For an outside observer, it just looks like a bunch of people who are allergic to victory.
Given that I’ve recently pushed for players to prepare for events, it’s with some embarrassment that I have to admit that I was not especially prepared for the Standard portion of the SCG Open Series event in San Jose last week. I’d prepped for the Legacy portion in late December, then things came up, as they tend to do, and I found myself without time to do the requisite testing for Standard.
But hey, you’re not going to not go, right?
As you can see in my round one feature match, there were issues. Even so, some of you wanted to see the deck list, so I’m including it in the extended entry below…along with some notes about how I might take what turns out to be a reasonable enough structural base for a deck and improve it.
I’ll also explain the title of this post.
You’ve seen the deck tech, now read the article!
In this week’s In Development I talk about the Dredge deck I played at last week’s SCG Open Series Legacy tournament in San Jose. The single biggest change is a pretty big one — I’ve completely stepped away from the default mana base for Dredge to one that won’t keep betraying me like Sean Bean.
All that and more is covered in the article.
I’ve put my pictures from the Open Series event in San Jose up on Flickr. You can click here to see the full set of 156 pictures, covering both the Standard and Legacy days.
Thanks to Inkwell Looter for taking over my camera to get some pics of me in the feature match area.
I had fun at the SCG Open Weekend in San Jose this past Saturday and Sunday. It was great meeting old friends and readers, and I had a lot of fun swinging out of my graveyard on both days – Saturday it was Vengevines, Sunday it was Ichorids and associated zombies.
I also appeared on the SCGLive coverage with Joey Pasco and Gavin Verhey (on Sunday), and showed up in the coverage on both days. If you missed it, here are the links:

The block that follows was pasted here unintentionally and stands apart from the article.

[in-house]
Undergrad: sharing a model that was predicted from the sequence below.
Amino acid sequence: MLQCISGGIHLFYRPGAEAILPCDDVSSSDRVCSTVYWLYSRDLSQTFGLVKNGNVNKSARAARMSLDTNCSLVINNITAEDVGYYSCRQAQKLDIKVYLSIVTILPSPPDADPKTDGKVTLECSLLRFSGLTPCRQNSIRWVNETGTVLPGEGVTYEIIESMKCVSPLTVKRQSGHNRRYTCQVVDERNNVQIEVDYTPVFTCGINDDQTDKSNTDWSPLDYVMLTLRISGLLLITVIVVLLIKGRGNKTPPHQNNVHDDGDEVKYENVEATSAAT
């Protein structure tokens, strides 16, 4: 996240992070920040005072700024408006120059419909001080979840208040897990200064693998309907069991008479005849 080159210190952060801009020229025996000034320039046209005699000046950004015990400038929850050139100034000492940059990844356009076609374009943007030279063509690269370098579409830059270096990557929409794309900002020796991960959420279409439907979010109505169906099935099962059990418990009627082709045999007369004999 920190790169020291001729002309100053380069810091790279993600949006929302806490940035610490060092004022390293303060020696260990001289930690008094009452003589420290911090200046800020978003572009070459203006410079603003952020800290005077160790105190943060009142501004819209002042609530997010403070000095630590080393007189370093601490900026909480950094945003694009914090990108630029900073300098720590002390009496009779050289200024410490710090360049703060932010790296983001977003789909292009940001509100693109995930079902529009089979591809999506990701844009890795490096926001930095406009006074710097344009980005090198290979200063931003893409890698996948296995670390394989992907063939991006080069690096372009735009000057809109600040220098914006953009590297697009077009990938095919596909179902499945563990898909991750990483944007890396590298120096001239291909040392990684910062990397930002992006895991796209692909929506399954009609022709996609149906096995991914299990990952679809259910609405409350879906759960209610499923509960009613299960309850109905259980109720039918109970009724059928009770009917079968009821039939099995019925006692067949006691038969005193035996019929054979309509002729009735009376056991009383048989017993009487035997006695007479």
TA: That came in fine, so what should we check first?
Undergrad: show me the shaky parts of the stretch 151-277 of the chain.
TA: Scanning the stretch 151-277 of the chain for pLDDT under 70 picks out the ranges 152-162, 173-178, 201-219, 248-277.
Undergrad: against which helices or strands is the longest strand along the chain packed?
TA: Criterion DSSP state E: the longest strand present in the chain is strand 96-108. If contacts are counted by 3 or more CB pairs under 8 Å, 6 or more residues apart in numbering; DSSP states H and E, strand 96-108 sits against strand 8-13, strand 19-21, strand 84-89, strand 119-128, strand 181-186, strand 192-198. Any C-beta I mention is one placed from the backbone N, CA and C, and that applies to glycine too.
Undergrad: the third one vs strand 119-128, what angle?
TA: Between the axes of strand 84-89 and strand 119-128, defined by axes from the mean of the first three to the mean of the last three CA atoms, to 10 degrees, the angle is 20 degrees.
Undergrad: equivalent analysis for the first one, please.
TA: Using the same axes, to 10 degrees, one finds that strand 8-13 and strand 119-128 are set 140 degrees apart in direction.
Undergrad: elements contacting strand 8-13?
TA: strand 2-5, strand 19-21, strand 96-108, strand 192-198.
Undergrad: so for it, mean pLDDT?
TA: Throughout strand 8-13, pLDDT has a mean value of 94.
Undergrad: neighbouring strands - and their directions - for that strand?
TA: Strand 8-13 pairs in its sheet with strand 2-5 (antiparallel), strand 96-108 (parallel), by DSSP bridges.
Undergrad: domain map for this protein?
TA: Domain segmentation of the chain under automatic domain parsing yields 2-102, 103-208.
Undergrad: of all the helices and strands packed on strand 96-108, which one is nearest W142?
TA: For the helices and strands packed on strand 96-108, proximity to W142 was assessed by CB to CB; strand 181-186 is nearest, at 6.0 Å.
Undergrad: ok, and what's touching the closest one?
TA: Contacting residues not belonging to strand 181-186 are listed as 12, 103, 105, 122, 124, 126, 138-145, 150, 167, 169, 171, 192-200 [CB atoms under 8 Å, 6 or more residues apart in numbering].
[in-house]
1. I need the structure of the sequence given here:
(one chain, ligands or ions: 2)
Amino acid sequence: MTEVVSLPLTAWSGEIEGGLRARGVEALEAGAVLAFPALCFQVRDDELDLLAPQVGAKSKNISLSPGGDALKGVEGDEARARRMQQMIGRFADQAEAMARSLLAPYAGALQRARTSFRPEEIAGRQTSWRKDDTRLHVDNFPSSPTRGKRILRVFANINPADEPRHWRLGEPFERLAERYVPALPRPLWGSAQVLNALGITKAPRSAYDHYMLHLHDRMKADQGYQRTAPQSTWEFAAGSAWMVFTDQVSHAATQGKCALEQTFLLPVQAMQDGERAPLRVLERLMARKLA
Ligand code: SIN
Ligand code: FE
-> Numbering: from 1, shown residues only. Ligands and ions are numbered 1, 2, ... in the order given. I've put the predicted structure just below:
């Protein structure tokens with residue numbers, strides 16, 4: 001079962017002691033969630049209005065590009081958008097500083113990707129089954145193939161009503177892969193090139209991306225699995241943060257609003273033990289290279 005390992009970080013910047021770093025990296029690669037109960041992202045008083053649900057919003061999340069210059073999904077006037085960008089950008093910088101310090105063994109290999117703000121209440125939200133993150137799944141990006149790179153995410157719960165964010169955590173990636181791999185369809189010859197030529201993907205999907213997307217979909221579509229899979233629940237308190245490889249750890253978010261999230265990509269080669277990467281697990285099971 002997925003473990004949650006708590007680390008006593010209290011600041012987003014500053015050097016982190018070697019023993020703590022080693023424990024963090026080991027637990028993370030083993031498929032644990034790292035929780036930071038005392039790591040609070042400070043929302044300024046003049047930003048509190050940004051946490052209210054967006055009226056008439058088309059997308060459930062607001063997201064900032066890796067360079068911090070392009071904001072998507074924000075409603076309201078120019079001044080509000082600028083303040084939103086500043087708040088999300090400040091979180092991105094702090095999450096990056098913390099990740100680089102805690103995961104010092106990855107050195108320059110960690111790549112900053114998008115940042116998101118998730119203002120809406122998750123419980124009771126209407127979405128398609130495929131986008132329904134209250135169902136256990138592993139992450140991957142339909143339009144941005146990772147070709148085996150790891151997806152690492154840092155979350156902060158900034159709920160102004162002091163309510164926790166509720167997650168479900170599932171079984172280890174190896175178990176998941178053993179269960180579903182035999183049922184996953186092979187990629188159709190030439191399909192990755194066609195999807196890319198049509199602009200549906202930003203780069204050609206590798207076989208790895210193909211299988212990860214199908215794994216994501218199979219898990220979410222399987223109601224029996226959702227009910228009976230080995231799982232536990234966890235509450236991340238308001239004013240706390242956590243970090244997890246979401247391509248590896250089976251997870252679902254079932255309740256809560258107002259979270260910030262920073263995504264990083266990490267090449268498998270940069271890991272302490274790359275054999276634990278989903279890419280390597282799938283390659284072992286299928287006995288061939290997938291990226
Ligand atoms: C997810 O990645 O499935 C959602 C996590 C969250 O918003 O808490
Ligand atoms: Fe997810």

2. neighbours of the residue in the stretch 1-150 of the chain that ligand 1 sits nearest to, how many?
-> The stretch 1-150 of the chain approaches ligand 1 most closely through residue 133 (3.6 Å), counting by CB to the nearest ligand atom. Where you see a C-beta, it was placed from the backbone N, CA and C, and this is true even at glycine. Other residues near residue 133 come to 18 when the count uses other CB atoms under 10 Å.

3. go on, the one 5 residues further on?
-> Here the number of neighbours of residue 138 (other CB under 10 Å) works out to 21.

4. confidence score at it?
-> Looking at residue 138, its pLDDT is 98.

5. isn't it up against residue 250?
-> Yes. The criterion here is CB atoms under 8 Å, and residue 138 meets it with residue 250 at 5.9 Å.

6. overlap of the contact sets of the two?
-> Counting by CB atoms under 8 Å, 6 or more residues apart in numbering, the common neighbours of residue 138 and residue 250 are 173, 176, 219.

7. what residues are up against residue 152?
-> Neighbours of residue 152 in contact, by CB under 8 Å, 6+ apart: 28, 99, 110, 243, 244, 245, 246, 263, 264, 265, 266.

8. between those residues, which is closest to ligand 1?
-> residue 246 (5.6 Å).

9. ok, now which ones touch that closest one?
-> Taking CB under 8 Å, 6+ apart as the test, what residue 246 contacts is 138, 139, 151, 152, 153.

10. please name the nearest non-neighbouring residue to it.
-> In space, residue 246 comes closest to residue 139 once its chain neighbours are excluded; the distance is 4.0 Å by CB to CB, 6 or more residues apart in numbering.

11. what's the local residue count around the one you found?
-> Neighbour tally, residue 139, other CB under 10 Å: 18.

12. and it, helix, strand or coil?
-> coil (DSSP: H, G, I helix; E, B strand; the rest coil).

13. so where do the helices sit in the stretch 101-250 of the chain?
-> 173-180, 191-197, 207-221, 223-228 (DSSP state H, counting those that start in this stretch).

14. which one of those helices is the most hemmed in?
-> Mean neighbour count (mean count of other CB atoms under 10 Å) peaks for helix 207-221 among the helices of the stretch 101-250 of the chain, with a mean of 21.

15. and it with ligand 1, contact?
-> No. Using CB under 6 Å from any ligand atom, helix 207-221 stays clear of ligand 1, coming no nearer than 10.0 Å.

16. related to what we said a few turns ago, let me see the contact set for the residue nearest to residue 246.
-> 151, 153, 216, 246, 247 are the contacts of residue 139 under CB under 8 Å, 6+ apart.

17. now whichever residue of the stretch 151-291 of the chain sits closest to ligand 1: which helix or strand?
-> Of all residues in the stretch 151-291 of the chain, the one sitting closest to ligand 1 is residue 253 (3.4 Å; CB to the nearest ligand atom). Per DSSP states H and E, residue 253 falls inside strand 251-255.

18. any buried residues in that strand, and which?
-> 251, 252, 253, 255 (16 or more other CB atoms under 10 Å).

Me versus Nathan Ward in Round 1 of the Standard Open. It did not end well.
The Deck Tech on my Dredge deck from the Legacy day. I may have more to say about this deck. This week, even. Watch for it!
Pic of me playing on the Standard day
Pic of me playing on the Legacy day. The caption lies – I’m certainly not Dredging up a storm with that Leyline of the Void opposing me. I did win that game, though, keeping a five-card, no-land hand featuring a critical Unmask. I may write about that, too.
I had a lot of fun, and think it would be great if I could make it to some other Open Series events this year.
So, it’s In Development time yet again.
Are you going to any Legacy events anytime soon?
Say, any big ones?
If you’re considering it and you don’t have a lot of experience in the format, this week’s In Development might be the guide for you. I’ve tried to cover the format form the perspective of the non-devoted Legacy player – say, someone who is intimidated by a format with so many viable decks and over eleven thousand cards.
If that sounds like it might be up your alley, then go check out the article and then find me on twitter and let me know what you think.
This is a busy week – I’m moving, and I’m planning for a whole passel of event seasons. Well, at least two.